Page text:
An easy way to gain bonus stat points for an individual unit is to certify he or her for classes you will not be using. If you are lucky, you will receive a bonus stat boost when your unit passes the exam for certification. The odds are entirely randomized, but due to how low the gold price of beginner and advanced certification seals are, your risks versus reward is worth the attempt.

Reclass Units From The Options Menu

If you are not particularly satisfied with how one of your units are performing in a newly certified class, you can always change them back into what you previously unlocked for them by going to inventory and selecting reclass. There are no drawbacks to reclassing so feel free to change up your units for your personal content!

Auxillary Mock Battles

Are you in need of a few level ups before your next mission? Are you scared your unit might be killed in action due to its low level on classic mode? Every so often you will have the opportunity to participate in auxiliary mock battles. Your units can not be killed during these training sessions. If you are looking to level up your units that are straggling behind, take your time and use these battles to get in some easy level-ups without hesitation. The only downside to participating in these battles is they cost you activity points.

The Convoy Can Always Be Accessed During Battle

During the core battles, weapon durability and item storage can be a major issue on higher difficulties and even sometimes on more casual playthroughs. Your avatar character will always have access to the convoy, but so does every other unit you have in play. Place your unit next to your avatar to allow them to access the convoy. Accessing the convoy does not cost you a turn; you are simply placing or trading items into your inventory, you can still attack after swapping out your unit’s inventory.

On a side note, it is always important that you keep spare items and weapons in the convoy in case of an emergency. Without spoilers, the ladder half of the game has some difficult battles- even on normal mode- where I strongly advise players to take advantage of this specific feature. Have health items in your convoy at all times. Keep your elixirs close and your spare killing edges even closer!

Journalist major and part-time film writer. I have always held high interests in the fields of professional writing and communications. You can find me with my head deep in the espionage genre, on a collectathon, or in a kayak upstream. I’ll always be first in line for the next Hideo Kojima or Masahiro Sakurai game.

4 Comments

4 Comments

  1. Tal

    August 12, 2019 at 3:07 pm

    I’m not sure how you managed to miss such an outrageous amount of things, but nearly every one of these so called unexplained features are explained in detail. Fast travel and position locator? Yep. Gifts/tea and their importance? Check (And honestly, what fathomable reason would the exist beyond enhancing relationships… Come on). Amiibo Gazeebo items? Yep. Professor level importance? Absolutely, and another one that’s self evident. Certification stat boosts? Check. Reclassing units? Yes, obviously this is covered. Convoy being accessed during battle? This is also explained. Just because you somehow didn’t read the extensive tooltips and one time explanations doesn’t mean they weren’t explained.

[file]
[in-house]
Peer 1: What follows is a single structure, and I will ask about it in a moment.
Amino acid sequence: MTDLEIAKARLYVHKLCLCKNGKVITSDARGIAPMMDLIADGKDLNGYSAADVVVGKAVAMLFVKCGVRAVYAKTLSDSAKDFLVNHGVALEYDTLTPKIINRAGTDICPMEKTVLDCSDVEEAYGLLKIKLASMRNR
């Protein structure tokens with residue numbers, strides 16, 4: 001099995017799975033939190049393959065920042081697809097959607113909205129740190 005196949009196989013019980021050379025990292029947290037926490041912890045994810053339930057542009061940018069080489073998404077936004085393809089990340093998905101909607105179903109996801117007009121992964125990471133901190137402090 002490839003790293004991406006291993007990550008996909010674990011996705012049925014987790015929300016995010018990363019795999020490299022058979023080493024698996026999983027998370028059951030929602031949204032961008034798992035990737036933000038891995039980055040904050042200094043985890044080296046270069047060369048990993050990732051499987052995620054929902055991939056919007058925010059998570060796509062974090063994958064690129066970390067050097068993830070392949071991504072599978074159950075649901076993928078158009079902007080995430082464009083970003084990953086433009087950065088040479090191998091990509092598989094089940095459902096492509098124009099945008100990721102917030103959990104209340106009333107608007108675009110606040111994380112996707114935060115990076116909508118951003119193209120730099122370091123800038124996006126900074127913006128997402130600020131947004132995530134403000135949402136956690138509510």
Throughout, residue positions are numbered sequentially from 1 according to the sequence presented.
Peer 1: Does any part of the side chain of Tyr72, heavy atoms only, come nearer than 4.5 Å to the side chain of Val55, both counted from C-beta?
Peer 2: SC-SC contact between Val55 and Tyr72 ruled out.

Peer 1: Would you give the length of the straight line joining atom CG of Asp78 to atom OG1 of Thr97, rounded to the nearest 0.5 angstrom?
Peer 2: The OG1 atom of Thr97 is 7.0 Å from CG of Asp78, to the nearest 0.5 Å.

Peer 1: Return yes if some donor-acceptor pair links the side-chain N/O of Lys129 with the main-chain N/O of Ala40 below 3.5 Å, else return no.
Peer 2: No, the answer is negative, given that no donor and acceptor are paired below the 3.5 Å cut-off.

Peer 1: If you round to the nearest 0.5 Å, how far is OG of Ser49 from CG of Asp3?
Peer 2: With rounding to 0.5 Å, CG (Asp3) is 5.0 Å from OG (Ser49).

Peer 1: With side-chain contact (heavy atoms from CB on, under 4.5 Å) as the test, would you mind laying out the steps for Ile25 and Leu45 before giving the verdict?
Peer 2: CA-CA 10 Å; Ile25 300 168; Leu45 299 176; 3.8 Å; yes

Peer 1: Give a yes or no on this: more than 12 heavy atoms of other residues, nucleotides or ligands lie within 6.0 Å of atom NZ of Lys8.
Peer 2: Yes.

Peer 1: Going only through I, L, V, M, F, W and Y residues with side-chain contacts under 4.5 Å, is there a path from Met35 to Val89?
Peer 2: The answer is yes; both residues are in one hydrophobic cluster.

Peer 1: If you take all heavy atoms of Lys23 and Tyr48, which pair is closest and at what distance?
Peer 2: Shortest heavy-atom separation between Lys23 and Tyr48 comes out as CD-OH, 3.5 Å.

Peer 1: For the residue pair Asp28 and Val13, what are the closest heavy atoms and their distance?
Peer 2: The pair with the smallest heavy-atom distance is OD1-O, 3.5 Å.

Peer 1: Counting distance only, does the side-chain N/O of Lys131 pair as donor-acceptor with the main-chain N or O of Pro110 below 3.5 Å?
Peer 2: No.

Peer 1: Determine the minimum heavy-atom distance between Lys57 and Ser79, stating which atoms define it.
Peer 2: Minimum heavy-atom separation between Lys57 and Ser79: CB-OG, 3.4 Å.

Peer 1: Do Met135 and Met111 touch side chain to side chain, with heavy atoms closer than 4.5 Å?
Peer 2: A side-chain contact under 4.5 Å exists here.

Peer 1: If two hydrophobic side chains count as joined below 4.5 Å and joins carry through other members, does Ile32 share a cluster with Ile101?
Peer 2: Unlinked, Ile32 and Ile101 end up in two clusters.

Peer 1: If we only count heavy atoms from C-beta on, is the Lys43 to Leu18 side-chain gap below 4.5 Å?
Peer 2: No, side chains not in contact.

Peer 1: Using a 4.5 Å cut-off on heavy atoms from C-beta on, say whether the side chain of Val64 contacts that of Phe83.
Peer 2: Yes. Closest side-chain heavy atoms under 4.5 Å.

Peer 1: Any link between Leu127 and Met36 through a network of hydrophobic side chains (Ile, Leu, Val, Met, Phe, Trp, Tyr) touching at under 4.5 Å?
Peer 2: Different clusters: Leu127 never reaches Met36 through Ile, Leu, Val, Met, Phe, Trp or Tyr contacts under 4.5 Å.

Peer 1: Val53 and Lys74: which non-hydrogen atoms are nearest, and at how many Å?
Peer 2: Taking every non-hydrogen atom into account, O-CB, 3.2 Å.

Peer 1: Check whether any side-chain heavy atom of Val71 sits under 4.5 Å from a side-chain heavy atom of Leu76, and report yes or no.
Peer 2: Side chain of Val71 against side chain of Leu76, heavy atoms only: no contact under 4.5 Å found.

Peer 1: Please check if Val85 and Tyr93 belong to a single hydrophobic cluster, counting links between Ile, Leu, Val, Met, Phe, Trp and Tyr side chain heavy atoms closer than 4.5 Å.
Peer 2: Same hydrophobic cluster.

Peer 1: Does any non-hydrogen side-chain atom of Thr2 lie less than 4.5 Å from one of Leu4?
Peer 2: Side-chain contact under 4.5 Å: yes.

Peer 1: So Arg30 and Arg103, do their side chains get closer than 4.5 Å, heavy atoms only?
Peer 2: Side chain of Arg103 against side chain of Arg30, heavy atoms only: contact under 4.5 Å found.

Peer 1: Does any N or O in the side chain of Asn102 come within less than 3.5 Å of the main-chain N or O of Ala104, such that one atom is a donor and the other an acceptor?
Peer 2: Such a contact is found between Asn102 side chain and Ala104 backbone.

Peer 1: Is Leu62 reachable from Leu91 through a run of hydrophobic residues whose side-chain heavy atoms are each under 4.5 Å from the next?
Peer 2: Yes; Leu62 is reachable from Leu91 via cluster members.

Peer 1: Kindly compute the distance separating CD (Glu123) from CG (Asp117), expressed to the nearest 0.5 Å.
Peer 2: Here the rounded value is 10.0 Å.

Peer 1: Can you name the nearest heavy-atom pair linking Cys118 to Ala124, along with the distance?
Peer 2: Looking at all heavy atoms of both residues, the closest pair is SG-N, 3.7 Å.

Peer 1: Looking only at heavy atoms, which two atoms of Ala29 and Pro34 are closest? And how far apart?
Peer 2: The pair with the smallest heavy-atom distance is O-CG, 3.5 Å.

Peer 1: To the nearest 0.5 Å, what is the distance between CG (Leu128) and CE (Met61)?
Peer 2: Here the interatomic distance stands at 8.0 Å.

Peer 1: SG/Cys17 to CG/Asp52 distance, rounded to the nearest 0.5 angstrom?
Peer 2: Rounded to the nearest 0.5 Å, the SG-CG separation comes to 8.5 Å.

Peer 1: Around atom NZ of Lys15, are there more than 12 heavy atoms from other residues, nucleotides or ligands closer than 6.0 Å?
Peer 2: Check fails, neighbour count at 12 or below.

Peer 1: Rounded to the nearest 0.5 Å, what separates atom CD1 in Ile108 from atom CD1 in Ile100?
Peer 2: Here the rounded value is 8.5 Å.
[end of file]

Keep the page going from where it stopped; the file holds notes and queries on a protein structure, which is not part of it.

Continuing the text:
• Kevin

      August 13, 2019 at 2:59 pm

      You took all that time to just act Superior, how bout adding an unknown of your own? Some FE fans are the worst

  2. Kramlebonk

    August 13, 2019 at 2:25 am

    Mostly good information, however the amiibo gazebo information is mostly incorrect.
    To activate it you can use ANY amiibo. The fire emblem amiibo however give extra specials like costumes and soundtracks from older games.
    Furthermore, you can get items from the gazebo on every exploration, not once a month.

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Game Reviews

‘Riverbond’ Review: Colorful Hack’n’Slash Chaos

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Sometimes a little bit of mindless smashing is just what people play video games for, and if some light sword-swinging, spear-stabbing, laser-shooting giant hand-slapping action that crumbles a destructible world into tiny blocks sounds like a pleasant way to spend a few hours, then Riverbond might just satisfy that urge. Though its short campaign can get a little repetitive by the end, colorful voxel levels and quirky characters generally make this rampaging romp a button-mashing good time, especially if you bring along a few friends.

Riverbond grass

There really isn’t much of a story here outside something about some mystical leaders being imprisoned by a knight, and Riverbond lets players choose from its eight levels in Mega Man fashion, so don’t go in expecting some sort of narrative thread. Instead, each land has its own mini-situation going on, whether that involves eradicating some hostile pig warriors or reading library books or freeing numerous rabbit villagers scattered about, the narrative motivation is pretty light here. That doesn’t mean that these stages don’t each have their various charms, however, as several punnily named NPCs will blurt out humorous bits of dialogue that work well as breezy pit stops between all the cubic carnage.

Developer Cococucumber has also wisely created plenty of visual variety for their fantastical world, as players will find their polygonal hero traversing the lush greenery of grassy plains, the wooden piers of a ship’s dockyard, the surrounding battlements of a medieval castle, and the craggy outcroppings of a snowy mountain, among other locations, each with a distinct theme. Many of the trees or bridges or crates or whatever else happens to be lying around are completely destructible, able to be razed to the ground with enough brute force. Occasionally the physics involved in these crumbling structures helps gain access to jewels or other loot, but this mechanic mostly just their for the visual appeal one gets from cascading blocks; Riverbond isn’t exactly deep in its design.